Protocatechuic acid exerts a cardioprotective effect in type 1 diabetic rats

    1. Nipon Chattipakorn1,3
    1. 1Cardiac Electrophysiology Research and Training Center, Faculty of Medicine, Chiang Mai University, Chiang Mai 50200, Thailand
      2Department of Pharmacology, Faculty of Medicine, Khon Kaen University, Khon Kaen 40002, Thailand
      3Cardiac Electrophysiology Unit, Department of Physiology, Faculty of Medicine
      4Department of Oral Biology and Diagnostic Sciences, Faculty of Dentistry, Chiang Mai University, Chiang Mai 50200, Thailand
    1. Correspondence should be addressed to N Chattipakorn; Email: nchattip{at}


    Oxidative stress has been shown to play an important role in the pathogenesis of diabetes-induced cardiac dysfunction. Protocatechuic acid (PCA) is a phenolic compound, a main metabolite of anthocyanin, which has been reported to display various pharmacological properties. We proposed the hypothesis that PCA exerts cardioprotection in type 1 diabetic (T1DM) rats. T1DM was induced in male Sprague–Dawley rats by a single i.p. injection of 50 mg/kg streptozotocin (STZ) and groups of these animals received the following treatments for 12 weeks: i) oral administration of vehicle, ii) oral administration of PCA at a dose of 50  mg/kg per day, iii) oral administration of PCA at a dose of 100 mg/kg per day, iv) s.c. injection of insulin at a dose of 4 U/kg per day, and v) a combination of PCA, 100 mg/kg per day and insulin, 4 U/kg per day. Metabolic parameters, results from echocardiography, and heart rate variability were monitored every 4 weeks, and the HbA1c, cardiac malondialdehyde (MDA), cardiac mitochondrial function, and cardiac BAX/BCL2 expression were evaluated at the end of treatment. PCA, insulin, and combined drug treatments significantly improved metabolic parameters and cardiac function as shown by increased percentage fractional shortening and percentage left ventricular ejection fraction and decreased low-frequency:high-frequency ratio in T1DM rats. Moreover, all treatments significantly decreased plasma HbA1c and cardiac MDA levels, improved cardiac mitochondrial function, and increased BCL2 expression. Our results demonstrated for the first time, to our knowledge, the efficacy of PCA in improving cardiac function and cardiac autonomic balance, preventing cardiac mitochondrial dysfunction, and increasing anti-apoptotic protein in STZ-induced T1DM rats. Thus, PCA possesses a potential cardioprotective effect and could restore cardiac function when combined with insulin treatment. These findings indicated that supplementation with PCA might be helpful for the prevention and alleviation of cardiovascular complications in T1DM.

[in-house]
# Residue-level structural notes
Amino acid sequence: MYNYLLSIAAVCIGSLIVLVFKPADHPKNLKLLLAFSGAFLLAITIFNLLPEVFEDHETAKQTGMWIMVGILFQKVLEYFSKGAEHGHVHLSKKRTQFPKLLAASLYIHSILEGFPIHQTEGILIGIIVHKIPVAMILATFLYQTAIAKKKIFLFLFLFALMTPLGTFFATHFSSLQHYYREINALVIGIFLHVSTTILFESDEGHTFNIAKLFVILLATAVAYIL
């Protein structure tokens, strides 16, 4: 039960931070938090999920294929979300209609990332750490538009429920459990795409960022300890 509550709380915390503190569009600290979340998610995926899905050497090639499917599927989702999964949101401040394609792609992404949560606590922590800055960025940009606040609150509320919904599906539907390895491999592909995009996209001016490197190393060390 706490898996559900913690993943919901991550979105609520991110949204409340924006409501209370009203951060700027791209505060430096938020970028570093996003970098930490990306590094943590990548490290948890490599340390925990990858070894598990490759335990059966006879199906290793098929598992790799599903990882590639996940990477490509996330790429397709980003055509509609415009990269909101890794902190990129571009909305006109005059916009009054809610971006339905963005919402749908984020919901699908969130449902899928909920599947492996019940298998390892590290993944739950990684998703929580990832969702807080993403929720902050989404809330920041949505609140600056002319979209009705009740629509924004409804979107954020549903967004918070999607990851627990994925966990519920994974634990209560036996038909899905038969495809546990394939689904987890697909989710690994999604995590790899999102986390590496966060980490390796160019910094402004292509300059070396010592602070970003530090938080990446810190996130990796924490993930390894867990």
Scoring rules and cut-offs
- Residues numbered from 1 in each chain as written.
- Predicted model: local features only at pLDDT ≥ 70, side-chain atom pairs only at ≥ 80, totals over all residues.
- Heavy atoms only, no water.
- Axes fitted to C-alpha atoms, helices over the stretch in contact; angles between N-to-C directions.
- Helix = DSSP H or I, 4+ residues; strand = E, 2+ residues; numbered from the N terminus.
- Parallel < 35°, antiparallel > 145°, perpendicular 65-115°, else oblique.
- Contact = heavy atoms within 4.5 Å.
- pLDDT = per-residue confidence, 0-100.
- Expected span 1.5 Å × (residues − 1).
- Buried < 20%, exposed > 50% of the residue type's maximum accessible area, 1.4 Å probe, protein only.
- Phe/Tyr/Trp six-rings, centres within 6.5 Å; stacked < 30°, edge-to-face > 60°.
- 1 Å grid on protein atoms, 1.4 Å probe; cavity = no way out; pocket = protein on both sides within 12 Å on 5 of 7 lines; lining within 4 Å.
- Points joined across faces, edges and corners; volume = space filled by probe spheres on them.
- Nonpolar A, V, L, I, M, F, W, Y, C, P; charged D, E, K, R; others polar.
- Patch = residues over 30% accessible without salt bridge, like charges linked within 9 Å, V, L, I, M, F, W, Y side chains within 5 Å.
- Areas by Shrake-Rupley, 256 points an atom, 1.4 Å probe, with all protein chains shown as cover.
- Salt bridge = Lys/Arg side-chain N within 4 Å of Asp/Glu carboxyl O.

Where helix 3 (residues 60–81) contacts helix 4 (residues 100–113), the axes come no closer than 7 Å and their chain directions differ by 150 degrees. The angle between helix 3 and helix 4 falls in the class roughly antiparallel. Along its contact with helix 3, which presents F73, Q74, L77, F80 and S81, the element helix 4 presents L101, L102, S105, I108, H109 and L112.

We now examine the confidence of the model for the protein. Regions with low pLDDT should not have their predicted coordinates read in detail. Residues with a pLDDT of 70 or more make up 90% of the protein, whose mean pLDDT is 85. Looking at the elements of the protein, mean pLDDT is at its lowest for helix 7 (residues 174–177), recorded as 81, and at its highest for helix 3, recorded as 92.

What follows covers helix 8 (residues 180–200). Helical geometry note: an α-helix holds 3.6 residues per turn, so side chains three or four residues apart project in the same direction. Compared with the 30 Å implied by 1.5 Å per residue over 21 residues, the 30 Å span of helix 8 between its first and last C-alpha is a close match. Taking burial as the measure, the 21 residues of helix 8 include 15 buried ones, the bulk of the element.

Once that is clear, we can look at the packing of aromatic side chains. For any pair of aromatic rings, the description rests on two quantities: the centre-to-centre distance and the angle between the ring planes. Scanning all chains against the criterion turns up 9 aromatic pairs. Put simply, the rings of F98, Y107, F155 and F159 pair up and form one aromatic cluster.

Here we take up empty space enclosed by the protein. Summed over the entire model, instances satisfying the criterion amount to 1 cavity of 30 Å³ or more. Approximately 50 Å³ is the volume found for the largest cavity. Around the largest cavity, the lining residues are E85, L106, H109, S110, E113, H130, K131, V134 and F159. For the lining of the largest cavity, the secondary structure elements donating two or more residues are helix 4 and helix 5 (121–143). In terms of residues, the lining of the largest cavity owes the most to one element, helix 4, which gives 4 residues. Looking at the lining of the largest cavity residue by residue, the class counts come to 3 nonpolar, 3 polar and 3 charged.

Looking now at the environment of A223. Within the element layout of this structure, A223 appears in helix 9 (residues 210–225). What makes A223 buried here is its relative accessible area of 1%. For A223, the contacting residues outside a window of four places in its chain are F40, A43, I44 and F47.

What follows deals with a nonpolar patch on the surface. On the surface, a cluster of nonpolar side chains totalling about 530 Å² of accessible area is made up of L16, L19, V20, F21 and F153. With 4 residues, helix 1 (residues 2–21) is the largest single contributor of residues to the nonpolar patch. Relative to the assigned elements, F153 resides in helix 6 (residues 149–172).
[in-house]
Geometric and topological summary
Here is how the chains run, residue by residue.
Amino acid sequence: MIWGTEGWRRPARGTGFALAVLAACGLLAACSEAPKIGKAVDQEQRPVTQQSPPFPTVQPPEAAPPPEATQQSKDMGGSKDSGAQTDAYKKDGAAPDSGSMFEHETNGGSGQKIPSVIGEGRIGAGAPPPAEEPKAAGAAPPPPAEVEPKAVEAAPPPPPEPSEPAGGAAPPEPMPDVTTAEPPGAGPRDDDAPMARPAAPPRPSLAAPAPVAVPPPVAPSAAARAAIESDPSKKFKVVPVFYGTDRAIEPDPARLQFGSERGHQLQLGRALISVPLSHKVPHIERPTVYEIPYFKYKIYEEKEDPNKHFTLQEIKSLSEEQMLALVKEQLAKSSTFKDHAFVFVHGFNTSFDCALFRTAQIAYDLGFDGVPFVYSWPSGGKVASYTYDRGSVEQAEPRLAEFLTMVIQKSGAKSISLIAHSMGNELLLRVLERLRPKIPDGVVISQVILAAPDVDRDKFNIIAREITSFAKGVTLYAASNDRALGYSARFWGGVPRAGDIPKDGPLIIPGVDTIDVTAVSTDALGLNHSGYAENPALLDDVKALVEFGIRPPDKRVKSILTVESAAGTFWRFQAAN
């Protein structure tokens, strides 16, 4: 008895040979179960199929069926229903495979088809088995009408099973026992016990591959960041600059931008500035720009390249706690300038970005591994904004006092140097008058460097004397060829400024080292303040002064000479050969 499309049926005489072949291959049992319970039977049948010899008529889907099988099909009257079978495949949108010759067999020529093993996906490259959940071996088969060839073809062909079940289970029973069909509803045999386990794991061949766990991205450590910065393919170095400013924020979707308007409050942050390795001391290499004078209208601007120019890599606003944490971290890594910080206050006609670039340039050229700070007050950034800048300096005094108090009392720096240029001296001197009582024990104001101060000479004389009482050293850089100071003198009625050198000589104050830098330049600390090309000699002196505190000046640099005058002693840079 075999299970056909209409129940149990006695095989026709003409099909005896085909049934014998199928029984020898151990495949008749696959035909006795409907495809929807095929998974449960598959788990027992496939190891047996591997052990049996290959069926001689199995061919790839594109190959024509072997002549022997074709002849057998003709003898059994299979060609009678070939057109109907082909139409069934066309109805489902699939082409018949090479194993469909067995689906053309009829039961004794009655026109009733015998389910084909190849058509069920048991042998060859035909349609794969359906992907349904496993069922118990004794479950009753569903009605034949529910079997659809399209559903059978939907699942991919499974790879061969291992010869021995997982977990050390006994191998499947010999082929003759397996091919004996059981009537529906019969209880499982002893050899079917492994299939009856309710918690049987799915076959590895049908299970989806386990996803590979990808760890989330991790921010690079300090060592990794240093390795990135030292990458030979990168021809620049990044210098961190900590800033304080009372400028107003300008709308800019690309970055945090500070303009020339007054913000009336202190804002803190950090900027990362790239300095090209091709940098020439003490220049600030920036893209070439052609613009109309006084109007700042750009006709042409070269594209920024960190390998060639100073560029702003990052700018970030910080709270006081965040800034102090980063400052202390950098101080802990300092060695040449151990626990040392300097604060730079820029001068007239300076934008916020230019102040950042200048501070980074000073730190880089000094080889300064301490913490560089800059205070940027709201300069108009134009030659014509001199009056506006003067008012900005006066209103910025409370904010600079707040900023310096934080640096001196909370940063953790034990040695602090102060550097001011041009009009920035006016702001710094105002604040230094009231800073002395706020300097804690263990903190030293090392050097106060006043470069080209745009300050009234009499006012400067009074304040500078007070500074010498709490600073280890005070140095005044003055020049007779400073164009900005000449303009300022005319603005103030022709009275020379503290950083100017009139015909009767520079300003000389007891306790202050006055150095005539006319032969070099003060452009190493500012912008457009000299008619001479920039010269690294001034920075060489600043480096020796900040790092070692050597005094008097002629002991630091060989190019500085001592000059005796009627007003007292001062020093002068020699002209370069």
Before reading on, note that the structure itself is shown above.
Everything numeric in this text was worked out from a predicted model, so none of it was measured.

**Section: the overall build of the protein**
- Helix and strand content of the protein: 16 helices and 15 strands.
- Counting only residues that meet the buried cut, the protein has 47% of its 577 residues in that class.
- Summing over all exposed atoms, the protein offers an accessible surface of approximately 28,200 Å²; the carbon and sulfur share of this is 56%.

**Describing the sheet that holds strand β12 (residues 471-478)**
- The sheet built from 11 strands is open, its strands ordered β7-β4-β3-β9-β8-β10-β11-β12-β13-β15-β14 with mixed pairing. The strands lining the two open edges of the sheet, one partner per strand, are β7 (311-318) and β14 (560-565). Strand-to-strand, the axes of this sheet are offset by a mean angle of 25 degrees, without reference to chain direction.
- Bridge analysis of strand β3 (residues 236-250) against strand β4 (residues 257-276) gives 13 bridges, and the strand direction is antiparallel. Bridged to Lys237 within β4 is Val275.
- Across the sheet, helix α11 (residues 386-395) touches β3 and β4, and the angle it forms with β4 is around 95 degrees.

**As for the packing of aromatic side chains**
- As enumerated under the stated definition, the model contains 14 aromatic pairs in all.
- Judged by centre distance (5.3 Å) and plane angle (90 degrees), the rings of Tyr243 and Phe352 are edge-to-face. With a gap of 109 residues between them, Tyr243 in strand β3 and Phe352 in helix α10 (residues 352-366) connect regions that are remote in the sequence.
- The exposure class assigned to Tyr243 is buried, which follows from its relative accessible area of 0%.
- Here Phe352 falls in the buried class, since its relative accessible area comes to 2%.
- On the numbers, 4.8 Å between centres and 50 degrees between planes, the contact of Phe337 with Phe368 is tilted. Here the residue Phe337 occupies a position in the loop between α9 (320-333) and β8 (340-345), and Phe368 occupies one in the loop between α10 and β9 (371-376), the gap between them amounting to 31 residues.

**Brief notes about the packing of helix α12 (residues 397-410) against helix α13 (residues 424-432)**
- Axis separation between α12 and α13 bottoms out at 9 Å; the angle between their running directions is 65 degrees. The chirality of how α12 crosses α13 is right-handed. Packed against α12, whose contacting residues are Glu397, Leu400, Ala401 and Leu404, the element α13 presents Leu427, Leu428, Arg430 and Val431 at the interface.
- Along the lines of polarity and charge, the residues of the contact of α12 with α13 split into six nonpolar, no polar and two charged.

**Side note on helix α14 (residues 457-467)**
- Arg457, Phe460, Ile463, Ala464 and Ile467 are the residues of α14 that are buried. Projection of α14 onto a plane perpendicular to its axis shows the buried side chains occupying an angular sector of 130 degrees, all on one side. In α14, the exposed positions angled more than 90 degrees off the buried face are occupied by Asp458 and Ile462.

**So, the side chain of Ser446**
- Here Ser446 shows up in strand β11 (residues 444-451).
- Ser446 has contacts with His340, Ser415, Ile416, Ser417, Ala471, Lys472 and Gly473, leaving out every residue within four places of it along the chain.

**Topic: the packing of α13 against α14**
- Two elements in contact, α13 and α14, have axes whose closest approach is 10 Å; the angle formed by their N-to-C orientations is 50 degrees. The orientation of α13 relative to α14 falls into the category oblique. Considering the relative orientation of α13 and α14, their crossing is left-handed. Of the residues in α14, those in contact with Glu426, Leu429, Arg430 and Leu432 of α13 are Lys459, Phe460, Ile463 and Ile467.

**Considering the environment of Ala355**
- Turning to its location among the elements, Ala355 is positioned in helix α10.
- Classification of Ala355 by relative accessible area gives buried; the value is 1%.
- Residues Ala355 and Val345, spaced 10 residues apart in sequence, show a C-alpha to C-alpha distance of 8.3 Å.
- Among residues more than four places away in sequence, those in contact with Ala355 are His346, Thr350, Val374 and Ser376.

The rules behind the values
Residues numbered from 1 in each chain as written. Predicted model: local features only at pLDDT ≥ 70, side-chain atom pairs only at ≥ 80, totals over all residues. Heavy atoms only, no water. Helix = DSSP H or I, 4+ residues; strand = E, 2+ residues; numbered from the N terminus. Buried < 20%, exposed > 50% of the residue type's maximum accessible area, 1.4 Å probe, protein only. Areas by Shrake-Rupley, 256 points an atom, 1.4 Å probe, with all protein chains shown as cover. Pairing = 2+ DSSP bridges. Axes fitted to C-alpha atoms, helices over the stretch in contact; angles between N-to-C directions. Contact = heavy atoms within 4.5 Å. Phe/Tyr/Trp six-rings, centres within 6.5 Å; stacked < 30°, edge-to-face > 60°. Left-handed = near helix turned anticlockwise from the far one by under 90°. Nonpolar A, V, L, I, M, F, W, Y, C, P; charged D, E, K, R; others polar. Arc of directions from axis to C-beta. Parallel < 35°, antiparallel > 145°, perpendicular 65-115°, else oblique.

• Received in final form 17 July 2014
    • Accepted 28 July 2014
    • Made available online as an Accepted Preprint 29 July 2014
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